Intersex states are conditions where a newborn's sex organs (genitals) look unusual, making it impossible to identify the gender of the baby from its outward appearance.
Intersex individuals can have both male and female traits in some cases, making it possible for a person who is apparently a man to have female reproductive organs.
Intersex states may also be caused by a condition called congenital adrenal hyperplasia, which occurs in about one out of every 5,000 newborns.
Any abnormality in chromosomes or sex hormones, or in the unborn baby's response to the hormones, can lead to an intersex state in a newborn.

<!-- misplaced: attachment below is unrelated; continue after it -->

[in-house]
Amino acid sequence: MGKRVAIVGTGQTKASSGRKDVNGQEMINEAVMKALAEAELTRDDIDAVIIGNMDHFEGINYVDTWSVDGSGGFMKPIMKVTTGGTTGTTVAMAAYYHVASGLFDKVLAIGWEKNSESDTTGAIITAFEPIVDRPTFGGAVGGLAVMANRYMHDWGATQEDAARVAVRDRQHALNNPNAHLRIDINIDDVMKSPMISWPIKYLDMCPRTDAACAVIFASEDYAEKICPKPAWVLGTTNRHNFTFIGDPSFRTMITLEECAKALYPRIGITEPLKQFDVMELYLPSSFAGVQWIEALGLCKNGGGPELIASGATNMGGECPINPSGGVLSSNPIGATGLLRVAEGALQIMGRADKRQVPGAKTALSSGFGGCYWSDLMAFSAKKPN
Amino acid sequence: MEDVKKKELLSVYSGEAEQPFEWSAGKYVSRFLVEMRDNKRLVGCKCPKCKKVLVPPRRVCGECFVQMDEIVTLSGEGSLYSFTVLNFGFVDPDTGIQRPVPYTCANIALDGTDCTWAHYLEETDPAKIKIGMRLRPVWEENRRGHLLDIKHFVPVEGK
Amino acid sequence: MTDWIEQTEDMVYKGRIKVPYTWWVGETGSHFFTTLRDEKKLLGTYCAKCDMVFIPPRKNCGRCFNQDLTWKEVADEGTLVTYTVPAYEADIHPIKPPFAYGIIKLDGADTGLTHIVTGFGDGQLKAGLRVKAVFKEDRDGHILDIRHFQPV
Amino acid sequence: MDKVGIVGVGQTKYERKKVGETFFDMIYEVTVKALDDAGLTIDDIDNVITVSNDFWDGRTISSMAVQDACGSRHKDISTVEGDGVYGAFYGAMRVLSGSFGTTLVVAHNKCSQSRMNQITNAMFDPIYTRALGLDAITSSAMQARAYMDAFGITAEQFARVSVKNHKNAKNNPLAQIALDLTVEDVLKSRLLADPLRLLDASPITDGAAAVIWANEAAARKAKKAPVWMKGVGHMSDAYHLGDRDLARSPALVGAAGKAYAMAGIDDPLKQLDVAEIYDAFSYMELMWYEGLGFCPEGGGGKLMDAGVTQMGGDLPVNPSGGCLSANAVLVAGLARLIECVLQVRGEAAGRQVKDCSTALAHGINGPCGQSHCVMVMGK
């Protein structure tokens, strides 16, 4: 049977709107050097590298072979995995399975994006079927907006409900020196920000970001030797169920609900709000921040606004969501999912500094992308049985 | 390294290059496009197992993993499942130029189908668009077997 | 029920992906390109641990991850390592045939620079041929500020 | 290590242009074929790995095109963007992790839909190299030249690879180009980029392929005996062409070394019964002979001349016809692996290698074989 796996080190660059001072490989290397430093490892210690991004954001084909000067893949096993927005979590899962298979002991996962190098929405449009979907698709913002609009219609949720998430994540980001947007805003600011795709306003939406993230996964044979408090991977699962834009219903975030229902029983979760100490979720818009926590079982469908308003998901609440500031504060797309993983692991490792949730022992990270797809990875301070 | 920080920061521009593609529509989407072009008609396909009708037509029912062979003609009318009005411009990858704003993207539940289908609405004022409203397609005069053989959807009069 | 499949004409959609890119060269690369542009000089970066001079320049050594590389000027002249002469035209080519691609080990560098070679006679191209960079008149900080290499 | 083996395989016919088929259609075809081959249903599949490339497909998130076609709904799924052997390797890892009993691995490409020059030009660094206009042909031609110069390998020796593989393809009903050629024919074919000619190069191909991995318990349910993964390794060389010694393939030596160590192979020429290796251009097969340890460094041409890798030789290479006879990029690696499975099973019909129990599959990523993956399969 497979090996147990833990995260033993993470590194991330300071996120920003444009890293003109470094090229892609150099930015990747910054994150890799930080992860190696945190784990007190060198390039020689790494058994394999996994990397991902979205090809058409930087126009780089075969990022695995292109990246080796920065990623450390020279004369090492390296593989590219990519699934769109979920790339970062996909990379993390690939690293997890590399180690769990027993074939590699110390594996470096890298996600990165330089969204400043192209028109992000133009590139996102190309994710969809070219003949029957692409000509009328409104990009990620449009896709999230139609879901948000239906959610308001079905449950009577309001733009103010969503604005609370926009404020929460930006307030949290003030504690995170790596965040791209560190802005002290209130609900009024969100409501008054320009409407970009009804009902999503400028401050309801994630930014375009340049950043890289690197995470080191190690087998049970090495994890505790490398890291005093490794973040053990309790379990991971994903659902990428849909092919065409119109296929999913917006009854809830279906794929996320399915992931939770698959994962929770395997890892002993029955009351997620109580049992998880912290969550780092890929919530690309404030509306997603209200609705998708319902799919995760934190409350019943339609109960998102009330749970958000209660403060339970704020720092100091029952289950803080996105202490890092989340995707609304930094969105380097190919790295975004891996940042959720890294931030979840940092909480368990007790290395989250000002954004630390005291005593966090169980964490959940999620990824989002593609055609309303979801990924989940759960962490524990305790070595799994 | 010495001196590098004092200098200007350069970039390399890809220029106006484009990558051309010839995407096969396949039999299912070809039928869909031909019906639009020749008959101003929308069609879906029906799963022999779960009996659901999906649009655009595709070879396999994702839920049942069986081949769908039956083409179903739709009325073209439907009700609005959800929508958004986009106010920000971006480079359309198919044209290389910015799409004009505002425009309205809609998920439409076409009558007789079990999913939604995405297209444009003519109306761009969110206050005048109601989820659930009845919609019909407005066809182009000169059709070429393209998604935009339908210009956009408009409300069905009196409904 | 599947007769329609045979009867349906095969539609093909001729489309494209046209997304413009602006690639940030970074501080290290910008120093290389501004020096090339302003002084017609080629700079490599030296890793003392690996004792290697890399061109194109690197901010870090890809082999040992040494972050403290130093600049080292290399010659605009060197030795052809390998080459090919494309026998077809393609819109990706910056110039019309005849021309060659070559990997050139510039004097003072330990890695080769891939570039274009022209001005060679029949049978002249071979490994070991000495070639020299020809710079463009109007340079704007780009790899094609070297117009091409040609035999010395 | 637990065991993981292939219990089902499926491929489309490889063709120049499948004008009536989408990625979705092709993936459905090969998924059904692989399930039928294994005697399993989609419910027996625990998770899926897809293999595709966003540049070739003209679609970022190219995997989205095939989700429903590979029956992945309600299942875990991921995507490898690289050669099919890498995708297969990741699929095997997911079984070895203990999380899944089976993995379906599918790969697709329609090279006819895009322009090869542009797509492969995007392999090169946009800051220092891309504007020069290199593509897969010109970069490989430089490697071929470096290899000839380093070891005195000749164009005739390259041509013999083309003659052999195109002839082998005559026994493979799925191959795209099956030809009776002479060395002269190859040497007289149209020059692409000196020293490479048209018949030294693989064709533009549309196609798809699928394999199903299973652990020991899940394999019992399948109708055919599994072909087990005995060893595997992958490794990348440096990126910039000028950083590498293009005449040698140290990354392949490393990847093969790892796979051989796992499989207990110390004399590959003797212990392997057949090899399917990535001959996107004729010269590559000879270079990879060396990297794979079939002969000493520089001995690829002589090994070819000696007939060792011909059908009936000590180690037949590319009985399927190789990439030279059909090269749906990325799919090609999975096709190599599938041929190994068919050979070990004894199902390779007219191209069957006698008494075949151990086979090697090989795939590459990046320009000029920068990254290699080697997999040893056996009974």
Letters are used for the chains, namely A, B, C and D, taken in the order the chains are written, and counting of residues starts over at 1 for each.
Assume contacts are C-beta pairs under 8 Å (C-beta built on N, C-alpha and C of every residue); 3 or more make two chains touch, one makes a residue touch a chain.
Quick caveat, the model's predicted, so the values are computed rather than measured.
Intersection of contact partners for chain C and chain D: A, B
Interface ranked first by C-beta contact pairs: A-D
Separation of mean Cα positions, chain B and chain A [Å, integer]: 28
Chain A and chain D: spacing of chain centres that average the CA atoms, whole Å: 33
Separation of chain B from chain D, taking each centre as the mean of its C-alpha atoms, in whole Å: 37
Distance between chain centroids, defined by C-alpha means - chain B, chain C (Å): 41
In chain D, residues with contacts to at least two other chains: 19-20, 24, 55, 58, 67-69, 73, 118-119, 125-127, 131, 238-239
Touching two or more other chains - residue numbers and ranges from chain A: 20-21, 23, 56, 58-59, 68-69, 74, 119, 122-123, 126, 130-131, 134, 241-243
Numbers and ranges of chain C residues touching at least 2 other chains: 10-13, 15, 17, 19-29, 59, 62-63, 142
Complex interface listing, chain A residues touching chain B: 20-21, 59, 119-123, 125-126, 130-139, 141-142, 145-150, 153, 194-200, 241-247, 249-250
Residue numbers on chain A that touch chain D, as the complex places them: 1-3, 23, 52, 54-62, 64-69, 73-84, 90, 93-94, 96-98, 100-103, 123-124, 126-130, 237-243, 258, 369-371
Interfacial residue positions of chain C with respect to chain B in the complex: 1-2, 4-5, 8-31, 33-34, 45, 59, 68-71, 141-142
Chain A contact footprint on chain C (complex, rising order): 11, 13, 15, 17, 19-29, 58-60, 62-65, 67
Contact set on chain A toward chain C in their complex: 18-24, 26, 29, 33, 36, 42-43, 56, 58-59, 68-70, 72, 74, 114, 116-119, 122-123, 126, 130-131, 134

Persons with intersex states can be classified as a true hermaphrodite, a female pseudohermaphrodite, or a male pseudohermaphrodite.
Since the mid-1950s, doctors have typically assigned a sex to an intersex infant based on how easy reconstructive surgery would be.
Some people are critical of this approach, including intersex adults who were operated on as children.
"Communicating with parents of the newborn with intersex: transcript of an interview."
Intersex males may have testes and a female-like vulva, or a very small penis.
Counseling should be given to the entire family of an intersex newborn.